Liverpool's council chiefs have defended the pay packages of its top five council department heads - 'better paid than the chief executives of many UK cities' according to The Post- saying that to attract the right kind of people to its top positions it has to pay the 'market rate'. Executive member for resources, Chris Curry, said: 'In order to attract the top-notch quality people, we have to pay this kind of salary.'
Labour MSPs were issued with a three-line whip to attend the Scottish parliament today for the visit of the Queen, party managers 'reluctantly admitted' to The Herald(p1) last night. At least 15 opposition MSPs, including Nationalists, Socialists, and Greens, boycotted the ceremony in protest at the monarch's presence, but Labour appeared determined to avoid any potential embarrassment, even though there was no vote at stake.
COUPLE WINS FIGHT TO REGISTER BABY'S NAME IN GAELIC
Parents the Boyles of Erbusaig protested after being told their child, Aoife NicBhaoile, would have to have her name converted to English before it could be accepted. However, the General Register Office for Scotland has since issued a climbdown, reports The Herald(p1).
IN DEPTH: ARREST WARRANT FOR MUM WHO PUT SHOPPING BEFORE HER DAUGHTER'S EDUCATION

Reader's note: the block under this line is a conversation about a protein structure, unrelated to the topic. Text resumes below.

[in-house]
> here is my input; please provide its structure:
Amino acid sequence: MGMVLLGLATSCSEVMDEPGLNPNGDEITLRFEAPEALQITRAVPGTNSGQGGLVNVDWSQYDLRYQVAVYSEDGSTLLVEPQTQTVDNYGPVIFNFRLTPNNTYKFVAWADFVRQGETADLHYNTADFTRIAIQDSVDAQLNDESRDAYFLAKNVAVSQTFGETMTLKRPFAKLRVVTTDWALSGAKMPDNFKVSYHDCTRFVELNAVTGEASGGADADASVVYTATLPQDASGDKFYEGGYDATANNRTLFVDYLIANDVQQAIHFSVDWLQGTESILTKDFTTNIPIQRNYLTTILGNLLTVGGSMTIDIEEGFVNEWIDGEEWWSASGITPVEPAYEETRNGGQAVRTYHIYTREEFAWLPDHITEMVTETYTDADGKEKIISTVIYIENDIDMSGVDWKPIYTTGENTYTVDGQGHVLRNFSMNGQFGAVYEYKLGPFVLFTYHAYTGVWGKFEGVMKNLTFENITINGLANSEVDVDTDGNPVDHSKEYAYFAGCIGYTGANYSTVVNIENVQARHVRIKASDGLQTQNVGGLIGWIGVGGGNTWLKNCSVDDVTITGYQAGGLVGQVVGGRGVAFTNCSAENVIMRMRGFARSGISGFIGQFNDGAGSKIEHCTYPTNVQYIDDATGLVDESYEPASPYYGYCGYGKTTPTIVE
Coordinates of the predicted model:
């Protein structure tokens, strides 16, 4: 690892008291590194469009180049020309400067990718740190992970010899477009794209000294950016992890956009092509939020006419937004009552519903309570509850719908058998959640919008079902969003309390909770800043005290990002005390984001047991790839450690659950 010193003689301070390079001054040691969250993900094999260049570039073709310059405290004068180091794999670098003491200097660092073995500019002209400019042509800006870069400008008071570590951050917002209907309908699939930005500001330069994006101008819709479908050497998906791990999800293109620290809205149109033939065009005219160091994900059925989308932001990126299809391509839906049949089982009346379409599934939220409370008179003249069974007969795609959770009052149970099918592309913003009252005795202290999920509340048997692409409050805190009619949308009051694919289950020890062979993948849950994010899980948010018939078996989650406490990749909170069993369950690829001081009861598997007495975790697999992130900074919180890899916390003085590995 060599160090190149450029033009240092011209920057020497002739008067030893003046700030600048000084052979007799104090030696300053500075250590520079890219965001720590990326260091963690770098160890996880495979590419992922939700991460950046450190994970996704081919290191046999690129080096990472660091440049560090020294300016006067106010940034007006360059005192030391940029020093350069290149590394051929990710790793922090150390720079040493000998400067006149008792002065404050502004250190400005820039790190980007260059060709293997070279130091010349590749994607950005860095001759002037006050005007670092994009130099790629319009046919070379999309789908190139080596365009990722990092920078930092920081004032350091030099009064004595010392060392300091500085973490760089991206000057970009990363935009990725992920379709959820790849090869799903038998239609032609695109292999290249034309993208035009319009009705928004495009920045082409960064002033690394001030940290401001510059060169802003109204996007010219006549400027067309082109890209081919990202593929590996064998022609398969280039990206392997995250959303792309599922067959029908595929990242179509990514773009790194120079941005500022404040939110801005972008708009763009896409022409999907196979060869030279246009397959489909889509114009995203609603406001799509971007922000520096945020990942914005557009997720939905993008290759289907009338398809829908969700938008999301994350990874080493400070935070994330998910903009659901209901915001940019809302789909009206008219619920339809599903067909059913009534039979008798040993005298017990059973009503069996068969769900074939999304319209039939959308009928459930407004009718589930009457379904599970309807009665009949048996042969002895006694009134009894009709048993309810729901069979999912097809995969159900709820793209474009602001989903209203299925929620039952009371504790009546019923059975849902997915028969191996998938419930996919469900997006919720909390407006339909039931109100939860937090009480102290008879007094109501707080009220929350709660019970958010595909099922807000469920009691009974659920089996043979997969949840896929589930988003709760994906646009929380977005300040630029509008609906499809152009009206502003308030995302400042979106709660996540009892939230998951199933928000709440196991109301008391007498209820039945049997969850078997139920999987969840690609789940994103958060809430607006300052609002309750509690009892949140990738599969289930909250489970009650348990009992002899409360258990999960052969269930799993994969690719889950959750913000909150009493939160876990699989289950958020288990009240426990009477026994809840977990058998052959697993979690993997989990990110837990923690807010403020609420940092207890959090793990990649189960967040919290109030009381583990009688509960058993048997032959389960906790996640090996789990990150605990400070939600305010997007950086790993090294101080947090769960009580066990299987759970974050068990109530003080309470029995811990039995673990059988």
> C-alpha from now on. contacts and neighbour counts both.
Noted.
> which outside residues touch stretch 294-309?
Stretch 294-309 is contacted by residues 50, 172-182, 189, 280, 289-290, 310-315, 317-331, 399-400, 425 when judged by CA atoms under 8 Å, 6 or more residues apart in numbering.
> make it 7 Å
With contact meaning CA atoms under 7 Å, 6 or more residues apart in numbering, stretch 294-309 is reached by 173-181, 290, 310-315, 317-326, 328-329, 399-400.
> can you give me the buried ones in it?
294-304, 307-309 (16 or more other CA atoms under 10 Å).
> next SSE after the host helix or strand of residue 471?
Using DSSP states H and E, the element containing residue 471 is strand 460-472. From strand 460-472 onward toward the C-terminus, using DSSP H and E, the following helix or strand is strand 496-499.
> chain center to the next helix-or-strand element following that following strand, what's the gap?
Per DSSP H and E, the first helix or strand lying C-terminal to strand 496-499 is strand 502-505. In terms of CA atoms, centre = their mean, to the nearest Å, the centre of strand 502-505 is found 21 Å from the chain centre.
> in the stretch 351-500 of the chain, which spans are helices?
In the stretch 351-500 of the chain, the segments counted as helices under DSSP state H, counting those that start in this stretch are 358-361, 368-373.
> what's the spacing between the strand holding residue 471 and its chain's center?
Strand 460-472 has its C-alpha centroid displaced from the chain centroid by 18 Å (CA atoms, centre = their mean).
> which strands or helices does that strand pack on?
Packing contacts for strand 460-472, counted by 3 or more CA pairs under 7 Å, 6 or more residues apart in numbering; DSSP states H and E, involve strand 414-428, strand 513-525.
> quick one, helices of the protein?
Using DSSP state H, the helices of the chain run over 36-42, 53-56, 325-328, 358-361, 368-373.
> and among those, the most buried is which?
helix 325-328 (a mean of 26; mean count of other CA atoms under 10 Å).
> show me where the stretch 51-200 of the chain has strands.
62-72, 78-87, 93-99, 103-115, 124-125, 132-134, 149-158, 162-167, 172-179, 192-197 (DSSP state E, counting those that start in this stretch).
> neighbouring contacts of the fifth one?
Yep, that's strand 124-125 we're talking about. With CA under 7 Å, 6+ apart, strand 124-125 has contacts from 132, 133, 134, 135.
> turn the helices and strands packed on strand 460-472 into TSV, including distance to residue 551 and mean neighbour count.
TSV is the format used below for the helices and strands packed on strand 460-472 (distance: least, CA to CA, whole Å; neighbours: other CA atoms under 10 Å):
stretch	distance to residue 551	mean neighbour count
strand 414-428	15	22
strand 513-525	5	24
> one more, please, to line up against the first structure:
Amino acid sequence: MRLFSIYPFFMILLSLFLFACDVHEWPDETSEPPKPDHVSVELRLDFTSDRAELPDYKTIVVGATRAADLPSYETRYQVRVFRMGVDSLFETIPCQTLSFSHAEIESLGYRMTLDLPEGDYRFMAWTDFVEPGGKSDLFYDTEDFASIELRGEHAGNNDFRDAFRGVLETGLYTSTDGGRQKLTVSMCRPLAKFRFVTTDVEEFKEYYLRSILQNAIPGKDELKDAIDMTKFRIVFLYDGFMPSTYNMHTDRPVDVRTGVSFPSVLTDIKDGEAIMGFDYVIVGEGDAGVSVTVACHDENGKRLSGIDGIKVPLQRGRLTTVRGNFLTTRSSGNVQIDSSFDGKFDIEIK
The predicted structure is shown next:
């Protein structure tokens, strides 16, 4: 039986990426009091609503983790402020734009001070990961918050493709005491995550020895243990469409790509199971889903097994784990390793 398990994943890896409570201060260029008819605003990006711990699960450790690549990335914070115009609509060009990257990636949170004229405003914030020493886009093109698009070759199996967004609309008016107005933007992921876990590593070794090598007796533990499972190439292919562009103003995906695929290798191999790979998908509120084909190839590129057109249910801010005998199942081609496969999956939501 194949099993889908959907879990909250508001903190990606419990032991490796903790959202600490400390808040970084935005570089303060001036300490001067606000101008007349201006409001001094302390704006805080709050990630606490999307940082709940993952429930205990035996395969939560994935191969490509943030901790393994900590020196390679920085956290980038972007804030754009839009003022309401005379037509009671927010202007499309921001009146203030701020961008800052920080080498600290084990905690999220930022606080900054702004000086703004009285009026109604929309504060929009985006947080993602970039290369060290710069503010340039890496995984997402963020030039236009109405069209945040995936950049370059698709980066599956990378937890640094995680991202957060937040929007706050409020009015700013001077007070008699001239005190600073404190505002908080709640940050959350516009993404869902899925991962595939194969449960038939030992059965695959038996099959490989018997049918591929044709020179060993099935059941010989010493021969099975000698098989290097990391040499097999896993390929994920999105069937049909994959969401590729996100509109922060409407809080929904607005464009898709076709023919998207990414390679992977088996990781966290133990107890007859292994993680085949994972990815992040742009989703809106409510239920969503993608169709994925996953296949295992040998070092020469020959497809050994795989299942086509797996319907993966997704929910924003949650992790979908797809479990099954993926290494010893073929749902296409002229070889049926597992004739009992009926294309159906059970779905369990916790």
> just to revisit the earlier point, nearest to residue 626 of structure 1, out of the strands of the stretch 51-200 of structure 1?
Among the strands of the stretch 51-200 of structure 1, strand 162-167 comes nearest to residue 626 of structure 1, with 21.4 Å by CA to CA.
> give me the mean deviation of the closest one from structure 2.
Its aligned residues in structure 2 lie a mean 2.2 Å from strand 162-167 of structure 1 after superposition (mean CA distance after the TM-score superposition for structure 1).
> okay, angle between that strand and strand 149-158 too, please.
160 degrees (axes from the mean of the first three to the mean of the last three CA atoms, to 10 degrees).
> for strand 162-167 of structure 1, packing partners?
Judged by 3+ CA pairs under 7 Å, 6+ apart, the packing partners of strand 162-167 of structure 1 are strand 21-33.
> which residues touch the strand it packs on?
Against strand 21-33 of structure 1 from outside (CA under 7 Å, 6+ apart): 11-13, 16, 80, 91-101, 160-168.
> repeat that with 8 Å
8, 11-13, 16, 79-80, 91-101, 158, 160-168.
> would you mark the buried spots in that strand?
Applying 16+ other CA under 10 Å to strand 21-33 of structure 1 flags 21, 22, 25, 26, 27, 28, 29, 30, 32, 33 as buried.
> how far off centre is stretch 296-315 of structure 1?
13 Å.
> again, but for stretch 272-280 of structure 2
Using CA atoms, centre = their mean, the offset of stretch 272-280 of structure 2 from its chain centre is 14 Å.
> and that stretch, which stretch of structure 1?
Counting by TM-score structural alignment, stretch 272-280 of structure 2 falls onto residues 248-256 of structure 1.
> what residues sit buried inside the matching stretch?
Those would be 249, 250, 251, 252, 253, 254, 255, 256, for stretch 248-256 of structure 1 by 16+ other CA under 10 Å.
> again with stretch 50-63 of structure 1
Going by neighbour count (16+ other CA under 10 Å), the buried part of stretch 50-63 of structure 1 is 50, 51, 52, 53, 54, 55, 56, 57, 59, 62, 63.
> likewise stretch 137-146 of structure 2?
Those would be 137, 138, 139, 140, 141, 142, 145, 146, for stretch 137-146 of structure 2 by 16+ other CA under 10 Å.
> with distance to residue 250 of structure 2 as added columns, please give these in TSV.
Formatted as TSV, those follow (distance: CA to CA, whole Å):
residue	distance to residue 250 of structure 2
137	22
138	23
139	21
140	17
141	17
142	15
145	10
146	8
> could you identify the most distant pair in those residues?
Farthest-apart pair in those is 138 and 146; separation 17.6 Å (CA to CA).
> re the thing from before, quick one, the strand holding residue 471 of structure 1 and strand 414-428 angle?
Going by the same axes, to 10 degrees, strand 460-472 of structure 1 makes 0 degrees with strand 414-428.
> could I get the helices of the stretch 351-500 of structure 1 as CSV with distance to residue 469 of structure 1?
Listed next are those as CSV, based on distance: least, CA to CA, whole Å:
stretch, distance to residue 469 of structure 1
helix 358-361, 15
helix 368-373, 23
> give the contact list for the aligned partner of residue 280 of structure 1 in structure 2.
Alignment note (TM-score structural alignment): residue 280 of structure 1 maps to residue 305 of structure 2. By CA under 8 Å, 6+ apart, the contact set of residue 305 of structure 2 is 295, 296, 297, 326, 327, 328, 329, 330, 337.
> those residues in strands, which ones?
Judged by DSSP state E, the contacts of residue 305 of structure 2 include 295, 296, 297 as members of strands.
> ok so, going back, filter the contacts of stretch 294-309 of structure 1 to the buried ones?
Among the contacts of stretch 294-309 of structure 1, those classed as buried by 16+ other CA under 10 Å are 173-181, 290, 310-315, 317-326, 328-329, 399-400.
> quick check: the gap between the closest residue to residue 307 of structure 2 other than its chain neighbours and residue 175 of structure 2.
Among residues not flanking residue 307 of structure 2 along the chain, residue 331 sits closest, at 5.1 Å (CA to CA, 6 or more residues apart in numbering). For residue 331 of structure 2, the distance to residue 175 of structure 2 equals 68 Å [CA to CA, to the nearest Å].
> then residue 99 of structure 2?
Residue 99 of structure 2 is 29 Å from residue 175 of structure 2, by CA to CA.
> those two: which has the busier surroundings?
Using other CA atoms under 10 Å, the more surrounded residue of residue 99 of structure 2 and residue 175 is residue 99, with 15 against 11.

A warrant has been issued for the arrest of a mother who left her teenage daughter at home to look after her other children while she shopped, and subsequently failed to attend a court hearing yesterday, reports the Yorkshire Evening Post. Toni Sissons could now be imprisoned for three months or be hit by a £2,500 fine. Magistrates in Leeds heard that, after a home visit from school bosses investigating why Vanessa had not been seen for five months, they tried to fix up a meeting about the problem, but the mother told them she couldn't make it because she had to go shopping. Chris Brown, prosecuting for Leeds City Council, said: 'She made it quite clear that going shopping was more important that her daughter's education.'
TRAFFIC WARDENS SHY AWAY FROM CRIMEFIGHTING ROLE
Scotland's traffic wardens yesterday dealt a blow to the personal crusade against crime waged by first minister Jack McConnell, expressing concerns over plans to widen their role to become the 'eyes and ears' of the police. The Scotsmanunderstands a considerable number of wardens have questioned proposals to expand their remit to play a intelligence-gathering role in tackling street crime and anti-social behaviour, claiming the move may place them in further conflict with the public.
by assistant editor Neil Watson